By Frances A. Hogg
In Cuenca, it is rare to witness people arguing on the streets. Road rage is an anomaly and respect for others is an admired and expected trait. This pleasant state of tranquility eventually affects even the most angry, stressed-out and belligerent gringo. Over time, we realize that sarcasm and yelling get us nowhere, and we feel embarrassed when we see or hear about expats behaving badly. Sometimes we can even sense gringo tantrums coming and wish we could help avert them. This was my inspiration to write What’s Cookin’, Cuenca? An Expat’s Guide to Buying and Preparing Food in Ecuador.
In 2012 I was new to Cuenca, checking out the markets and stores, comparing prices and trying to understand package labels. In the SuperMaxi store one day I looked up to see a shopping cart barreling toward me, steered by a large, red-faced gringo. He was enraged about something and I sensed an eruption at the checkout lane was imminent. I had to intervene.
“Are you OK?” I asked.
“No!” he shouted. “These people don’t have any damned pancake mix!”
I tried to calm him, steered him to the correct aisle and pointed out the various brands available to him. I explained that pancake mix doesn’t always come in a box in Ecuador. It doesn’t always feature Aunt Jemima on the label, and it’s not called “pancake mix” in Spanish. I helped him choose a package and watched as the furious set of his jaw eased. His shoulders relaxed and so did mine. I had averted an ugly scene.
I realized it would be handy to have a pocket guide for shoppers and started asking friends about their shopping and cooking challenges upon moving to Cuenca. How many of them had assumed that salsa de tomate was tomato sauce, and had prepared a big batch of ketchup-covered pasta? How many had discovered after making a pot of chili with kidney beans that those beans were actually peanuts? How many were apoplectic at the idea that baking soda is illegal? (It isn’t…)
At the time, my husband and I were living in a furnished apartment while we waited for our container to arrive. Our tiny kitchen was outfitted with little more than a few dishes and a frying pan. Preparing meals under those conditions was a challenge, but I didn’t want to waste a lot of money buying items for cooking and dining that I wouldn’t need when my own things arrived. I found that I enjoyed comparison shopping.
I collected questions about buying and preparing food, found the answers, and started to write the first version of What’s Cookin’, Cuenca? I discovered that even for expats with Spanish skills, difficulties exist. The same foods can have different names in Ecuador than in Mexico, Spain or Argentina, and in Cuenca, foods are sometimes known by their kichwa names. I received help from Ecuadorian friends Tatiana Donoso and Rocío Illescas to assure that my lists of translated names of foods and culinary and dining supplies are correct, locally.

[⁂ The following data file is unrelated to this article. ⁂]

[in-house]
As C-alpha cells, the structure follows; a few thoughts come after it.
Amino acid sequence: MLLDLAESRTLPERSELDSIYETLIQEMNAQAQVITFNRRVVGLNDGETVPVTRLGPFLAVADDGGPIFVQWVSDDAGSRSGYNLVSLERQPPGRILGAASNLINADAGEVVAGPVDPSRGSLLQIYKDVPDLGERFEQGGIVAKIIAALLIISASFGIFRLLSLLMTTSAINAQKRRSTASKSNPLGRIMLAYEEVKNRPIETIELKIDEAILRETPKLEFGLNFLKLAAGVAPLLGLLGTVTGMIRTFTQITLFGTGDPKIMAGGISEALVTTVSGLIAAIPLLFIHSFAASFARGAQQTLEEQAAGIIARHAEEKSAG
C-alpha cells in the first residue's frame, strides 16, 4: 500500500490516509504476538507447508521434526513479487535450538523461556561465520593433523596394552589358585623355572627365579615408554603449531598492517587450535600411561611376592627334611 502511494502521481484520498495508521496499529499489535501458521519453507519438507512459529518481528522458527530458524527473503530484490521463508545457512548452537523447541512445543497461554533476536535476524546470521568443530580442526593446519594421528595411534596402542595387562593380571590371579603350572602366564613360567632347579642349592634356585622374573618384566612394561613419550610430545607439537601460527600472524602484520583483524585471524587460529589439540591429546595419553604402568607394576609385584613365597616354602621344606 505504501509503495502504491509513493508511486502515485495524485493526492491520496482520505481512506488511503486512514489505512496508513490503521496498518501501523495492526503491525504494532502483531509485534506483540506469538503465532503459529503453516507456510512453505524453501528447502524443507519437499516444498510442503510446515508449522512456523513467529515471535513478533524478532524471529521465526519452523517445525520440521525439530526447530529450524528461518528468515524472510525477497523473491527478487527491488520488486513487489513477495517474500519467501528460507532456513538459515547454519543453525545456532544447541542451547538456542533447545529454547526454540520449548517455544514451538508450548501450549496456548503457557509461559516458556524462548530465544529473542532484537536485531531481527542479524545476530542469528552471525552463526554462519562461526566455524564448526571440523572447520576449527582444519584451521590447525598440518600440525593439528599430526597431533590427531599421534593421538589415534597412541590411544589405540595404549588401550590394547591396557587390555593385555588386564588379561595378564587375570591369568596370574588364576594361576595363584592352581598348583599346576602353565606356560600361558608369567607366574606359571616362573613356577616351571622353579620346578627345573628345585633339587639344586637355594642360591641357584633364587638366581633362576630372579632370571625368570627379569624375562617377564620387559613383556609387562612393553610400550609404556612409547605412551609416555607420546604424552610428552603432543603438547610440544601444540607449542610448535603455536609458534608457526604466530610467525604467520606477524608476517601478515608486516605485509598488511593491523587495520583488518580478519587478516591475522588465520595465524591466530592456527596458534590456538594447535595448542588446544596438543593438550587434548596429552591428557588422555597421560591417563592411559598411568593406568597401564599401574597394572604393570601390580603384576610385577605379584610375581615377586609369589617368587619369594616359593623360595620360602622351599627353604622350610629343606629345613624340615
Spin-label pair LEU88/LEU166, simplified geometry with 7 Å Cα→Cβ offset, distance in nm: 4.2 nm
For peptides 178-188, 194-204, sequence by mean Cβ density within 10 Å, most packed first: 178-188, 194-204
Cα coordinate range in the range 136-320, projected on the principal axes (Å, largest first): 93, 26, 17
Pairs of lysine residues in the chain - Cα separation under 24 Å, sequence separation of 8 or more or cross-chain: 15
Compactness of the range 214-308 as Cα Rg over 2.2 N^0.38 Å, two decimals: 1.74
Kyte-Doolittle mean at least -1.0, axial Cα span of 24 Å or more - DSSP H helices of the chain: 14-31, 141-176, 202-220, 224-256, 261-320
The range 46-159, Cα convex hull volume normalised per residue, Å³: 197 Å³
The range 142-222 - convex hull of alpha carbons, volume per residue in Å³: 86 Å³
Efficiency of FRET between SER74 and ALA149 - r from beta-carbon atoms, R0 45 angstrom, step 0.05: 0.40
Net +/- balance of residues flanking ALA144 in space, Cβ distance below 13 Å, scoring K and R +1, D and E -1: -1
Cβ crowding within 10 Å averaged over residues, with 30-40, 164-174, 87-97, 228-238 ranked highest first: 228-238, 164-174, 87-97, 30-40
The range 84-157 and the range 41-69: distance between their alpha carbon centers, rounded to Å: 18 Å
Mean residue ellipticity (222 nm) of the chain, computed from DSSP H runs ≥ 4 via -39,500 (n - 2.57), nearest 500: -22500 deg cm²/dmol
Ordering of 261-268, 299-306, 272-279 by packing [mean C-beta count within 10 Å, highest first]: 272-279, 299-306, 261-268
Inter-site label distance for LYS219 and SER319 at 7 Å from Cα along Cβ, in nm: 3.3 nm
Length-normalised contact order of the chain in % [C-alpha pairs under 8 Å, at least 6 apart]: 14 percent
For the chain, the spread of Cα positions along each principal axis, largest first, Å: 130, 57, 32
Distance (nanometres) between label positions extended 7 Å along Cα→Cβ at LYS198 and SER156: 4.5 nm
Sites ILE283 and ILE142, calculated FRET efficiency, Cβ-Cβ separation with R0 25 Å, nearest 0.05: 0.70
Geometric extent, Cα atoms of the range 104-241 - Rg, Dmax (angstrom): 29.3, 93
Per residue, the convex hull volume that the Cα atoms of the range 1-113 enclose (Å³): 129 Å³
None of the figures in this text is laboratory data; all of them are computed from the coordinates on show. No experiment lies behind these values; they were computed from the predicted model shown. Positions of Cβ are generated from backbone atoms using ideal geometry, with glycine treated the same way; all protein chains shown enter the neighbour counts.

I published the guide as a simple document download while I searched for an affordable means of printing a hard copy of the book. We found there are no easy print-on-demand opportunities in Ecuador. Things stalled, and over the course of four years, shopping opportunities in Cuenca changed. Stores have been responsive to expats’ more exotic food choices. Spices and condiments that had been rare here can now usually be found in the supermercados. But people still kept asking, “Where can I buy your book?” So Zero Latitude Books was established in conjunction with Gráficas del Sur Imprenta, to publish books by Cuenca authors.
A fun launch party for the new, updated paperback version of What’s Cookin’, Cuenca? An Expat’s Guide to Buying and Preparing Food in Ecuador will be held on Saturday, July 15, from 5 to 7 p.m., at El Fogón del Zorro’s new El Centro location, on northeast the corner of Presidente Córdova and Presidente Borrero. All are invited to enjoy hors d’oeuvres, music, and take advantage of the specially priced cash bar.
The 250-page book sells for ten dollars and contains explanations of differences in packaging and preparation of food; descriptions and locations of markets and stores; a glossary of culinary items and foods with their Spanish translations; cooking hints and interesting facts; and recipes for hard-to find foods from “the Old Country.” An e-book version containing color photographs is also available, by clicking on this link: https://www.smashwords.com/books/view/545542
I’m very pleased to finally be able to present my labor of love to the Cuenca community. Cooking and shopping, like everything else about our chosen life as expats in Ecuador, can be a fun!
Frances A. Hogg was a legal aid attorney in inner-city Detroit, an editor and animal rescue worker in New York, and now she is a volunteer teacher at CETAP, a rural school in Chicapamba, Ecuador. She is also the founder of the Cuenca Writers Collective.
Photos by John Keeble.